Rule #1—Choose a chunky centerpiece. Large Bauble beads, wood stretchies or a medium-sized cuff work.

Rule #2—Add a softer, thinner piece to balance “centerpiece”. You can make this a bold pop of color or keep it monochromatic like I did here.

Rule #3- A wrist wrap always helps the party along! Add volume and texture to your stack with a wrap—it’s like a stack within a stack.

Next time you hit another 2ndgrader’s birthday party, you’ll have your own little fiesta on hand….ha!

Layers of Love

Okay, so mamas like to go out occasionally and THIS is the time to go BIG and then go home to your warm cozy bed. But nevertheless, you can still GO BIG, you sexy kitten you.

Choker wraps are super popular right now and so very versatile. Like the Marcial Choker that I am wearing: I can leave it loose or can tie it to look like a cute boho bolo tie.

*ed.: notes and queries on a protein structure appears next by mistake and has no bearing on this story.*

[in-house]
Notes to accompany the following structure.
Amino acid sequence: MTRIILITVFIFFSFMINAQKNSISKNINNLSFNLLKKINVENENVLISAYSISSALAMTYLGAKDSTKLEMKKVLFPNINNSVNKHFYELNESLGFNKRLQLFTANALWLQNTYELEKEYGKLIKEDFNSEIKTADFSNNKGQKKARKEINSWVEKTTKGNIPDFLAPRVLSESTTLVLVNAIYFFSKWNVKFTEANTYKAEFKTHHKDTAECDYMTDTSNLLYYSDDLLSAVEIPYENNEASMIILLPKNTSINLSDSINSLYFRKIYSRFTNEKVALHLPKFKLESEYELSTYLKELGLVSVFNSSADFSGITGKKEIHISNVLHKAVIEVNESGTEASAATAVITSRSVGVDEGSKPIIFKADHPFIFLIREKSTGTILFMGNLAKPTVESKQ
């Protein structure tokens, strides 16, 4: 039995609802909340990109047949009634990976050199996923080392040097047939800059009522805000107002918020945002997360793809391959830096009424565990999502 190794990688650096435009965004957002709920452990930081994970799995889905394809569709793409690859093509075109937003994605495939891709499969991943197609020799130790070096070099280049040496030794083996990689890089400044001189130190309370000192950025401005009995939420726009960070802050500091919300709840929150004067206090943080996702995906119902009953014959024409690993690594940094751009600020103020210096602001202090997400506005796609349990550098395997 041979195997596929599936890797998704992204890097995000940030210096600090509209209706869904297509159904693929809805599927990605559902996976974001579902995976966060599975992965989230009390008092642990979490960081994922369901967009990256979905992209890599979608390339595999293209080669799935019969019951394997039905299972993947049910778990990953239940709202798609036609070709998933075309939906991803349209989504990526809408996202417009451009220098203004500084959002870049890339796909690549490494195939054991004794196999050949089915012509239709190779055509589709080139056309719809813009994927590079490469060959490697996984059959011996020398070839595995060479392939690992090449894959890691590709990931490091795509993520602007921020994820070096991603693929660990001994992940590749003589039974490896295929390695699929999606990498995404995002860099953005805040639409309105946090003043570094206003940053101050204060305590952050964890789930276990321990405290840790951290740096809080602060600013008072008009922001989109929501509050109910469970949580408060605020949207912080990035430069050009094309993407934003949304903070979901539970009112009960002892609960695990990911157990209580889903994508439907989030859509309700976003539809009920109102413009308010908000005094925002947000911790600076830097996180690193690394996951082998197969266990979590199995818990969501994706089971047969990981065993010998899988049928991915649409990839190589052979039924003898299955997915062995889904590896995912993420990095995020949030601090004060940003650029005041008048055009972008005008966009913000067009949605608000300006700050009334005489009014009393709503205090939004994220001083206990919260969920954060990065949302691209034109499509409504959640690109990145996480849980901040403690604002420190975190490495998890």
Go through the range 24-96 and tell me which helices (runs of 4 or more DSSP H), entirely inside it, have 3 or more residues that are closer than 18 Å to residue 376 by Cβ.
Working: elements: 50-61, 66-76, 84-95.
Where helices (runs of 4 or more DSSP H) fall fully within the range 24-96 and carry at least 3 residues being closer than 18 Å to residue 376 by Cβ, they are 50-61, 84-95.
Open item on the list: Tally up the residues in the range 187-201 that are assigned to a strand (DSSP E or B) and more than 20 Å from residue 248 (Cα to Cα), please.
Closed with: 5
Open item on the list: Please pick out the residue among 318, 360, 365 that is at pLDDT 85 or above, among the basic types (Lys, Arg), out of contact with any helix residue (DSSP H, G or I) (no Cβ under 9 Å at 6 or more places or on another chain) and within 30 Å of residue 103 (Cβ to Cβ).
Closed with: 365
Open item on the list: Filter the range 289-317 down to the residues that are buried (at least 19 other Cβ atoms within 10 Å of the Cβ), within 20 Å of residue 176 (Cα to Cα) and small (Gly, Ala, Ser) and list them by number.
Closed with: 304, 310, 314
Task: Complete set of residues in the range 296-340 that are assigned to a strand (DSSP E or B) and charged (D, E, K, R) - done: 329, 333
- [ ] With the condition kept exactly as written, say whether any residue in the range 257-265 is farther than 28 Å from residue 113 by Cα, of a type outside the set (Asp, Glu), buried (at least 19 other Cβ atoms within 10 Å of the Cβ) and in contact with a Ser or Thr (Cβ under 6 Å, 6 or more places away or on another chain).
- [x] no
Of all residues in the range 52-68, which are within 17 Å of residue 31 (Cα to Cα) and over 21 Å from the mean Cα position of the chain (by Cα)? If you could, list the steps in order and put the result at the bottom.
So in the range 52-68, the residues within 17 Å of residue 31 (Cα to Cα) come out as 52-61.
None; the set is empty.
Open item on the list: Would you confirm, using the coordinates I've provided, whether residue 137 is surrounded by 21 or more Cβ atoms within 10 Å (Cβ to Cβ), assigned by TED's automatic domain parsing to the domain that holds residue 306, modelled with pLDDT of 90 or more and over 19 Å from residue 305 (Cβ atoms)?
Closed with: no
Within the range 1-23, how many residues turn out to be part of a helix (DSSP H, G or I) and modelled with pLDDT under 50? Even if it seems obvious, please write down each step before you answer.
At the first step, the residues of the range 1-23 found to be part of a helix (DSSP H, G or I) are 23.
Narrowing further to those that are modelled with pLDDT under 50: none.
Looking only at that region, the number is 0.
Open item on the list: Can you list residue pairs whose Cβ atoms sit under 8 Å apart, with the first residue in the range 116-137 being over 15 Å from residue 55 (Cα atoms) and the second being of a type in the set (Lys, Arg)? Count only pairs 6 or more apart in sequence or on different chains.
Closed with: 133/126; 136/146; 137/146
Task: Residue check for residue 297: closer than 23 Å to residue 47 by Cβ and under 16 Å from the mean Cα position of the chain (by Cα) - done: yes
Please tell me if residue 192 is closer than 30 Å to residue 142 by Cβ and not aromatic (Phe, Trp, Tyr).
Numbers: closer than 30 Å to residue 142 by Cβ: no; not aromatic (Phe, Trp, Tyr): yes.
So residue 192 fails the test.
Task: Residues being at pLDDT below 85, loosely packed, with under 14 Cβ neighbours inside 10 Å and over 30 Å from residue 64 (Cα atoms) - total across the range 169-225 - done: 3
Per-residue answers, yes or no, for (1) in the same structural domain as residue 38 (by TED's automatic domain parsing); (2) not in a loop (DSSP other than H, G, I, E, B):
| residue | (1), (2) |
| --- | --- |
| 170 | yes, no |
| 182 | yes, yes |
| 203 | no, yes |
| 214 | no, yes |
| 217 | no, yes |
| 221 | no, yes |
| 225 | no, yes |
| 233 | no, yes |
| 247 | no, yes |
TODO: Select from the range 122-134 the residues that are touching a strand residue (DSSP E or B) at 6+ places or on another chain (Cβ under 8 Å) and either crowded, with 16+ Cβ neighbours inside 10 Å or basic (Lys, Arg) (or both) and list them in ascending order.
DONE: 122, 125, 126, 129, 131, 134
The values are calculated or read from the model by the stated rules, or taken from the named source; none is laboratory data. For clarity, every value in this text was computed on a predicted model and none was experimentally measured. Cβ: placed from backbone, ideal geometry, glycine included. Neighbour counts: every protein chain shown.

I then added a simple metal piece as my 2nd layer and an extra long cement pendant as the third. The trick is to have them jive together and not compete for attention. You can do this by making sure there is plenty of space between layers. You’ll get a tangled mess if they get up in each other’s space…nobody wants that.

3 is my lucky number when it comes to layers and this low-maintenance combination is as versatile as it is beautiful.

With so many amazing fair trade jewelry companies out there, you won’t have any trouble slipping in these trendy tips into your bijoux repertoire this season.

Tried out one of these tips? Send us a picture!


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5 Ways to Stay Family-Focused